Posted December 12, 2019
INDIAN RIVER COUNTY — Repairing eroded beaches will cost about $1.9 million more than originally planned, thanks to Hurricane Dorian.
Earlier this year, the county planned a $4.8 million beach-and-dune restoration project at beaches from south of Indian River Shores to the south end of Riomar Golf Course. On Sept. 3, when Dorian passed by about 105 miles offshore, beaches sustained additional damage, staff said.
An additional 83,100 tons of sand is needed for the project, assistant Public Works director James Ennis said in a Nov. 27 memorandum to County Administrator Jason Brown.
The County Commission approved the additional cost Tuesday, walking into an ongoing political spat.
The county pointed out out the money was from tourism taxes and would be spent on beaches in Vero Beach.
Most of the original $4.8 million already was from tourist taxes. About $1.7 million is from the state Department of Environmental Protection. The Federal Emergency Management Agency is paying $1 million.
"We continue to put millions and millions of dollars into the city of Vero Beach, but then are accused by (Vero Beach) for not putting tourist dollars into the city of Vero Beach," County Commissioner Bob Solari said. "I'm flummoxed."
City officials have complained the county does not share tourism-tax money with Vero Beach. City Council members have been unsuccessful getting the county to use tourism money for a new lifeguard station.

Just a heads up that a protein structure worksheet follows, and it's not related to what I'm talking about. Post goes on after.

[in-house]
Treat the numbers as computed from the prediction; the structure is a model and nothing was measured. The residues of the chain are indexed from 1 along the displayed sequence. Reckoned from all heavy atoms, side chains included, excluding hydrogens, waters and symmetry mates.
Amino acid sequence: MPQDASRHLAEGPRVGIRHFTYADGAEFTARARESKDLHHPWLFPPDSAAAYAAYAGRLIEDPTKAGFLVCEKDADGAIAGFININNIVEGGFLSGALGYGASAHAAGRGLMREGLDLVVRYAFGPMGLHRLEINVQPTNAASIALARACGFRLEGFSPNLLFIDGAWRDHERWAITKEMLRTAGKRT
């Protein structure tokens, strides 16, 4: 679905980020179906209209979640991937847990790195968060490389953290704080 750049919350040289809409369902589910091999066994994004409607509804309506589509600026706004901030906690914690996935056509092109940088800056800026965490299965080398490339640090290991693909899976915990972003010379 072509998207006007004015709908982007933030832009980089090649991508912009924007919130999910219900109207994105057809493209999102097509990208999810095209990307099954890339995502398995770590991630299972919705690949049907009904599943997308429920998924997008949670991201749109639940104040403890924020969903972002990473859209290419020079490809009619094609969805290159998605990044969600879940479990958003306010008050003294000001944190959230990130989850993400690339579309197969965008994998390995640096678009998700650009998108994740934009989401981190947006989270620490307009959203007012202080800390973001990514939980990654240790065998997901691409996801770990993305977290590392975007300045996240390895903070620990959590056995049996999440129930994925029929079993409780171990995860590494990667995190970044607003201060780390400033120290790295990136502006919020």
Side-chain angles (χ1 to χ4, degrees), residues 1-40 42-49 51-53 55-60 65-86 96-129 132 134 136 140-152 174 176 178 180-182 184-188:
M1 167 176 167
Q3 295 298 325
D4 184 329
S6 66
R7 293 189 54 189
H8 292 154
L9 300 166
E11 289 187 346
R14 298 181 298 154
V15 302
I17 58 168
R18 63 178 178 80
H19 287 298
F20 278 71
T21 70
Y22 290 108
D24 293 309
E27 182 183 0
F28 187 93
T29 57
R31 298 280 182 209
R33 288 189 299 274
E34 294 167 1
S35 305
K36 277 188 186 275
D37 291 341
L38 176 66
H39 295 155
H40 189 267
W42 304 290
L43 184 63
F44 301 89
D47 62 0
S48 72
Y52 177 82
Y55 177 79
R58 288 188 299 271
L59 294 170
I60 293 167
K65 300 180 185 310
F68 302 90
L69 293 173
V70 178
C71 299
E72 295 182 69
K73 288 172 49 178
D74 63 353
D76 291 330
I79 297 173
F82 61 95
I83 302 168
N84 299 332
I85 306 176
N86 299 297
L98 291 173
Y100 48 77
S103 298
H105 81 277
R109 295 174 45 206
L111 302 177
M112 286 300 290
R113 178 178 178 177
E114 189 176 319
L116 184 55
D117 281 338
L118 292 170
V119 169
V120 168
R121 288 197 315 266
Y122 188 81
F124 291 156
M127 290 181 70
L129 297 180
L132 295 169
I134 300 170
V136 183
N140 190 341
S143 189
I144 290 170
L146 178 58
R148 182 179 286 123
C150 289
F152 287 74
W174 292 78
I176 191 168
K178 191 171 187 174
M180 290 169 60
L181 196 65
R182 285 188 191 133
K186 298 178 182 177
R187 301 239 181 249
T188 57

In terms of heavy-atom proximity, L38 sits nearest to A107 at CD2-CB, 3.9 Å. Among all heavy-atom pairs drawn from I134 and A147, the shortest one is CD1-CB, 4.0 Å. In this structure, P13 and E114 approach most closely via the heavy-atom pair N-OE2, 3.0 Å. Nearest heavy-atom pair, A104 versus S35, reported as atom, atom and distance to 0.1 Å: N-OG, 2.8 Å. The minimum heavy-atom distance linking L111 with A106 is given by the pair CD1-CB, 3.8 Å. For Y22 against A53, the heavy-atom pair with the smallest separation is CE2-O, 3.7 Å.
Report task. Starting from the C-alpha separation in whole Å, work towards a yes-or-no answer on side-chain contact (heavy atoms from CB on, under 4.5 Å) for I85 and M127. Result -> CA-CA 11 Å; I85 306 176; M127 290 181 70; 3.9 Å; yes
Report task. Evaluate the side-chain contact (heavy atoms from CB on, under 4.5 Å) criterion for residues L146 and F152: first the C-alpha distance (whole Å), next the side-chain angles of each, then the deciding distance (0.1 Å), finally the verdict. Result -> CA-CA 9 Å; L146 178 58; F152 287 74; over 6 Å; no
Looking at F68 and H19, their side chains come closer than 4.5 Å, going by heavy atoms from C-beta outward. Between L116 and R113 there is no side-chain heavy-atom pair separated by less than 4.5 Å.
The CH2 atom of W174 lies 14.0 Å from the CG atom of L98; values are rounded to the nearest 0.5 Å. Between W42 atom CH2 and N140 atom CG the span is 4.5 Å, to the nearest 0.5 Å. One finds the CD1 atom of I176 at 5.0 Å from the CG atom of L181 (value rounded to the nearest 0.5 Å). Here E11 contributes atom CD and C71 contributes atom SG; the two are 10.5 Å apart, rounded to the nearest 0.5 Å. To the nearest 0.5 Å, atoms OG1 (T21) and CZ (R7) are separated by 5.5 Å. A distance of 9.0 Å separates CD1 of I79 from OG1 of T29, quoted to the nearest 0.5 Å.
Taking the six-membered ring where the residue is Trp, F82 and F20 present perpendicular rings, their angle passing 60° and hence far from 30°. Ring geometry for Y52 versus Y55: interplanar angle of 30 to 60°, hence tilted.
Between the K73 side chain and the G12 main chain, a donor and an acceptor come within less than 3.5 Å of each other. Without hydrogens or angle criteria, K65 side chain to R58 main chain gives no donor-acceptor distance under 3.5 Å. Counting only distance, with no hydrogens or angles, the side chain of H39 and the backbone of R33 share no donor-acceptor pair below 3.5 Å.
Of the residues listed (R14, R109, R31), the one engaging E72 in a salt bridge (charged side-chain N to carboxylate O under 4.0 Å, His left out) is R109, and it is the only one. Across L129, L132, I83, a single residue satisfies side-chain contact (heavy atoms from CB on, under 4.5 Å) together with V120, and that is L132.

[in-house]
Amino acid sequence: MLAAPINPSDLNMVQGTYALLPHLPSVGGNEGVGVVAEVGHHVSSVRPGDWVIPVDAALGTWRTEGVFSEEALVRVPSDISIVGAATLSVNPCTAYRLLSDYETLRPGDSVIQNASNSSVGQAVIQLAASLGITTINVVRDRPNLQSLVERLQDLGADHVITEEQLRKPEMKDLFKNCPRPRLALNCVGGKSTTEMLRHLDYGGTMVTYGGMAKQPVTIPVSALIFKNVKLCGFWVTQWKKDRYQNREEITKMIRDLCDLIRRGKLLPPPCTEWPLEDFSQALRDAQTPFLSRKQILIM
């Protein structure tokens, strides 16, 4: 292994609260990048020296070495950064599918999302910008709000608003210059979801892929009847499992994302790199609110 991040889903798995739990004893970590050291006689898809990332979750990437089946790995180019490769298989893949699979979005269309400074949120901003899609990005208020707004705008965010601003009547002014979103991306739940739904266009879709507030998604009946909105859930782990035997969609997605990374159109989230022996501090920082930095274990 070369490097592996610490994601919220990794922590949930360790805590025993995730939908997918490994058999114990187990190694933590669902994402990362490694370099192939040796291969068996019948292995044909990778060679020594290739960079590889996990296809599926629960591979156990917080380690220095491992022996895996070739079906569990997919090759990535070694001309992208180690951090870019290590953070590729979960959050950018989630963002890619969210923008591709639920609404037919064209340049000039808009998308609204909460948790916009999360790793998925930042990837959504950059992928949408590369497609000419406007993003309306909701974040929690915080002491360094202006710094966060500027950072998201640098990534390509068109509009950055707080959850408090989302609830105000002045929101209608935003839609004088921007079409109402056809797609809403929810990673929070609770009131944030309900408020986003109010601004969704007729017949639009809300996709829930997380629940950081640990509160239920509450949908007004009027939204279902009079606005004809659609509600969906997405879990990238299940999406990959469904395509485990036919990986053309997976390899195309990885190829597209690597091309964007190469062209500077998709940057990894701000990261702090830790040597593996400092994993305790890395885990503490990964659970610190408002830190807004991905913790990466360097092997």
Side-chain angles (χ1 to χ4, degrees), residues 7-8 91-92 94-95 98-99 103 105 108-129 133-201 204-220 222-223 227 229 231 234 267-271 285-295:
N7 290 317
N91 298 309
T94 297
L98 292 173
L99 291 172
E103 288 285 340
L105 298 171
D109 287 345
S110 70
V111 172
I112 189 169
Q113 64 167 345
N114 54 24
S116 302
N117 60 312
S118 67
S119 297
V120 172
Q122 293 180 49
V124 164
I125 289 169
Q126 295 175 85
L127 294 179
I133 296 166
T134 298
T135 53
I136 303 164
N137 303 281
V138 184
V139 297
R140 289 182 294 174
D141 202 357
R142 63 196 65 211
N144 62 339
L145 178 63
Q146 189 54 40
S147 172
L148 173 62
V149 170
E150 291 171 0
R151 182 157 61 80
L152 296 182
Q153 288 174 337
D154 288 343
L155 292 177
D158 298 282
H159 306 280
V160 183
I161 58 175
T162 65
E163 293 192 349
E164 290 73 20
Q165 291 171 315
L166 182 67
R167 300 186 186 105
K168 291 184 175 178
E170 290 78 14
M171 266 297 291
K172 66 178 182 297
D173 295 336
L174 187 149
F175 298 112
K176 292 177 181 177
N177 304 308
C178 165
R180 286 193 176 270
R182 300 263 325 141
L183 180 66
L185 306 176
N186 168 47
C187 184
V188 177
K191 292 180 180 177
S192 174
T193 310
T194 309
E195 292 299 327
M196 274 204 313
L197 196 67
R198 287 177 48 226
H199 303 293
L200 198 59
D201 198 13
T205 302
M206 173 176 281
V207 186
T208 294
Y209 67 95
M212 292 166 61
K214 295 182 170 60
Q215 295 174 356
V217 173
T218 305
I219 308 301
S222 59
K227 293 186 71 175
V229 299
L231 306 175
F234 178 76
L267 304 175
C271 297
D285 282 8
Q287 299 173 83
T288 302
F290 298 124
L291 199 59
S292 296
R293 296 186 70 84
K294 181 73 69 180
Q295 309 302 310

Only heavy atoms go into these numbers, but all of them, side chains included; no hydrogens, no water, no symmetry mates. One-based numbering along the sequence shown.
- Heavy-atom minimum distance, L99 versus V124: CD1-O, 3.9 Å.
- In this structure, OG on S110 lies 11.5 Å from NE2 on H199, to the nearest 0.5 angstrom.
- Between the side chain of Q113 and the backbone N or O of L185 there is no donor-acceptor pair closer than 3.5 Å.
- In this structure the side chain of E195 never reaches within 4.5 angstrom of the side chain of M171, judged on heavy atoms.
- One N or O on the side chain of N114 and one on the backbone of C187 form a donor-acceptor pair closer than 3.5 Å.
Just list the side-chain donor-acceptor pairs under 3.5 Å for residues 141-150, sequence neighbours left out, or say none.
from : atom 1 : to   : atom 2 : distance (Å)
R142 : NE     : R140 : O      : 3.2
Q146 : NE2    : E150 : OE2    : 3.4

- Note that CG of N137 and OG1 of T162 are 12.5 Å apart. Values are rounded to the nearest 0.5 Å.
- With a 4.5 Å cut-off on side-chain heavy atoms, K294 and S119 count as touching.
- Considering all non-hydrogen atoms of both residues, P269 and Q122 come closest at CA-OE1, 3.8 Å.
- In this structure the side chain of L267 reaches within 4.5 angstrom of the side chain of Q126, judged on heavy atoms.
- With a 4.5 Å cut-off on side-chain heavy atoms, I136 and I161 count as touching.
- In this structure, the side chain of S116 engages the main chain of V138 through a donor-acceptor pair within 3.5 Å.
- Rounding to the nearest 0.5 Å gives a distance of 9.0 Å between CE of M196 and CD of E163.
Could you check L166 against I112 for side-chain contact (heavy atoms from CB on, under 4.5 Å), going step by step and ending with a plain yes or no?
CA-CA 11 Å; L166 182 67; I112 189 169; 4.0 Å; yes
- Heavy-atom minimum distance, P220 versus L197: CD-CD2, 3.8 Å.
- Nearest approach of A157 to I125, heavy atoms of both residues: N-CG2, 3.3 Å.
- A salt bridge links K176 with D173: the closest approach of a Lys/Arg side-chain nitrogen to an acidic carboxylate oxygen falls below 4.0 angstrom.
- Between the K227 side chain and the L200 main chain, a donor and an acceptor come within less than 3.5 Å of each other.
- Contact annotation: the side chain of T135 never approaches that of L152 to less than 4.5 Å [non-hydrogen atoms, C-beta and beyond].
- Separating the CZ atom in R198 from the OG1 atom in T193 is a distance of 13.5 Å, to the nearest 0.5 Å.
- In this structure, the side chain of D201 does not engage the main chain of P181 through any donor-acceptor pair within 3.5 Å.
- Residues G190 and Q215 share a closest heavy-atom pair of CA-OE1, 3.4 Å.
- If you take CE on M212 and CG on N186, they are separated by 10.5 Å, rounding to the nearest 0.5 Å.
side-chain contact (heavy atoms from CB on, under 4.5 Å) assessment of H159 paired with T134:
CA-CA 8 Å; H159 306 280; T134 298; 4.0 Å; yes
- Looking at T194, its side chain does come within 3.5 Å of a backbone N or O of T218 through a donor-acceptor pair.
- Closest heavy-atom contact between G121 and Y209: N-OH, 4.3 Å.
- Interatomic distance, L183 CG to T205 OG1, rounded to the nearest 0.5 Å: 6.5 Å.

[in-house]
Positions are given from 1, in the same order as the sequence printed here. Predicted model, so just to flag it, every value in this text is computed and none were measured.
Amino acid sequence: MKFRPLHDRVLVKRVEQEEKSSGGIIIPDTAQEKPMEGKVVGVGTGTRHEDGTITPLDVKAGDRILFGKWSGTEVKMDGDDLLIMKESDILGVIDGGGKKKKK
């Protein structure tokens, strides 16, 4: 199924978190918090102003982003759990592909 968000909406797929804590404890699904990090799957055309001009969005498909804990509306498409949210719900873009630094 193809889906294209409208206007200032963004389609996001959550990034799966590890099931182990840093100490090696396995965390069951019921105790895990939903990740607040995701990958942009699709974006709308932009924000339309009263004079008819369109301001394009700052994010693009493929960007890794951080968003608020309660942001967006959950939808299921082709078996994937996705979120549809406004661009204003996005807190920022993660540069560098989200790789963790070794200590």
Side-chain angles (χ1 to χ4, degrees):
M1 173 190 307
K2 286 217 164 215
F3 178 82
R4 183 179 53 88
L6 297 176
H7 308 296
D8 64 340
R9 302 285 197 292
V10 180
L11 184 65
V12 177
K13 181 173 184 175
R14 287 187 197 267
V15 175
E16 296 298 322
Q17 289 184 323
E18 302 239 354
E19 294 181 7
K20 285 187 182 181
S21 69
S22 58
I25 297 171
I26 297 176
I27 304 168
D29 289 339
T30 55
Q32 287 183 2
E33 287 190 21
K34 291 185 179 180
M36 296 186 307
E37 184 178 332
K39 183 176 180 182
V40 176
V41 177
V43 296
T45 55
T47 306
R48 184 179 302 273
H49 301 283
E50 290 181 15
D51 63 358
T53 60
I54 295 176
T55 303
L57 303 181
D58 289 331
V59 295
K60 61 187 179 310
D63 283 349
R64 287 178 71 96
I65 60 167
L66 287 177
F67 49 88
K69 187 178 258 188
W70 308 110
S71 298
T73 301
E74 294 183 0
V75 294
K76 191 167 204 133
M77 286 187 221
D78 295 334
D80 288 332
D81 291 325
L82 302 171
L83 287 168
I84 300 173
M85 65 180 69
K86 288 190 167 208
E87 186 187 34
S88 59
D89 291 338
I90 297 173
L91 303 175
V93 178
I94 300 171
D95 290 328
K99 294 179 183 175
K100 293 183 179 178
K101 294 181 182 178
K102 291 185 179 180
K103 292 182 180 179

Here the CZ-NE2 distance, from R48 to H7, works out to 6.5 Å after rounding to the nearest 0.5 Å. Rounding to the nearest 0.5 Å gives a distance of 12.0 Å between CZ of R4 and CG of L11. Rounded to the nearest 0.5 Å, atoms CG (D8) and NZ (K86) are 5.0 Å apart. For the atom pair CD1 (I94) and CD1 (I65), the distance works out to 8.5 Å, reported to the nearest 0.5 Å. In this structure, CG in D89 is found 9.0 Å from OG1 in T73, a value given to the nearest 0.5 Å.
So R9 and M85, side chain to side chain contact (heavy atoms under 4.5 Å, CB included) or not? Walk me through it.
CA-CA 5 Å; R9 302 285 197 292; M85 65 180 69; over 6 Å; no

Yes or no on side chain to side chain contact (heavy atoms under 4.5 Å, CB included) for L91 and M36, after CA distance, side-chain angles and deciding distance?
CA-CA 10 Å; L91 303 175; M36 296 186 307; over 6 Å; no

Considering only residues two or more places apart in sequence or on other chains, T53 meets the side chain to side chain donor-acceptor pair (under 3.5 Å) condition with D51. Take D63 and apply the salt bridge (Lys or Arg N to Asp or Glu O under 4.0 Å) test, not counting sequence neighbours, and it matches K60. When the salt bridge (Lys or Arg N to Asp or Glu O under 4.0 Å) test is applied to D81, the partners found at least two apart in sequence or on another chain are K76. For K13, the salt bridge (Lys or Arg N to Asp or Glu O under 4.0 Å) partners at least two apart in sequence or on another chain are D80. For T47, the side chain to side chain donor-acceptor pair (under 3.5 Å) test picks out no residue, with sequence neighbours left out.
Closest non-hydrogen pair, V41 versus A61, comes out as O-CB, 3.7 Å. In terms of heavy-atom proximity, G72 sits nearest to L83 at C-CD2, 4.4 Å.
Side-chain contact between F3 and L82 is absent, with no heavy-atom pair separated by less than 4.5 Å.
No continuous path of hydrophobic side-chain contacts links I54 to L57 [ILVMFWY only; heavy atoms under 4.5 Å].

The county plans to ask FEMA to pay the $1.9 million to repair damage caused by Dorian, but there is no guarantee of reimbursement, said Public Works Director Richard Szpyrka.
County Commissioner Peter O'Bryan suggested Vero Beach take over the project from the county.
"Maybe this is a good opportunity to turn this entire project over to the city of Vero Beach, and then they can hire a coastal engineer, and they can do the permit, and they can apply to FEMA," O'Bryan said.
Vero Beach Mayor Tony Young said the city and county should work together. The purpose of the money is to promote tourism in the area, he said.
"What better way to do it than by supporting the beaches?" he asked. The beaches serve the county's interests as well, he said.
The beach-replenishment project began last month at Tracking Station Park, which is expected to remain closed through Dec. 27. The six-month project will work south to access points at Jaycee/Conn Beach and Humiston Beach parks, and conclude by April 30.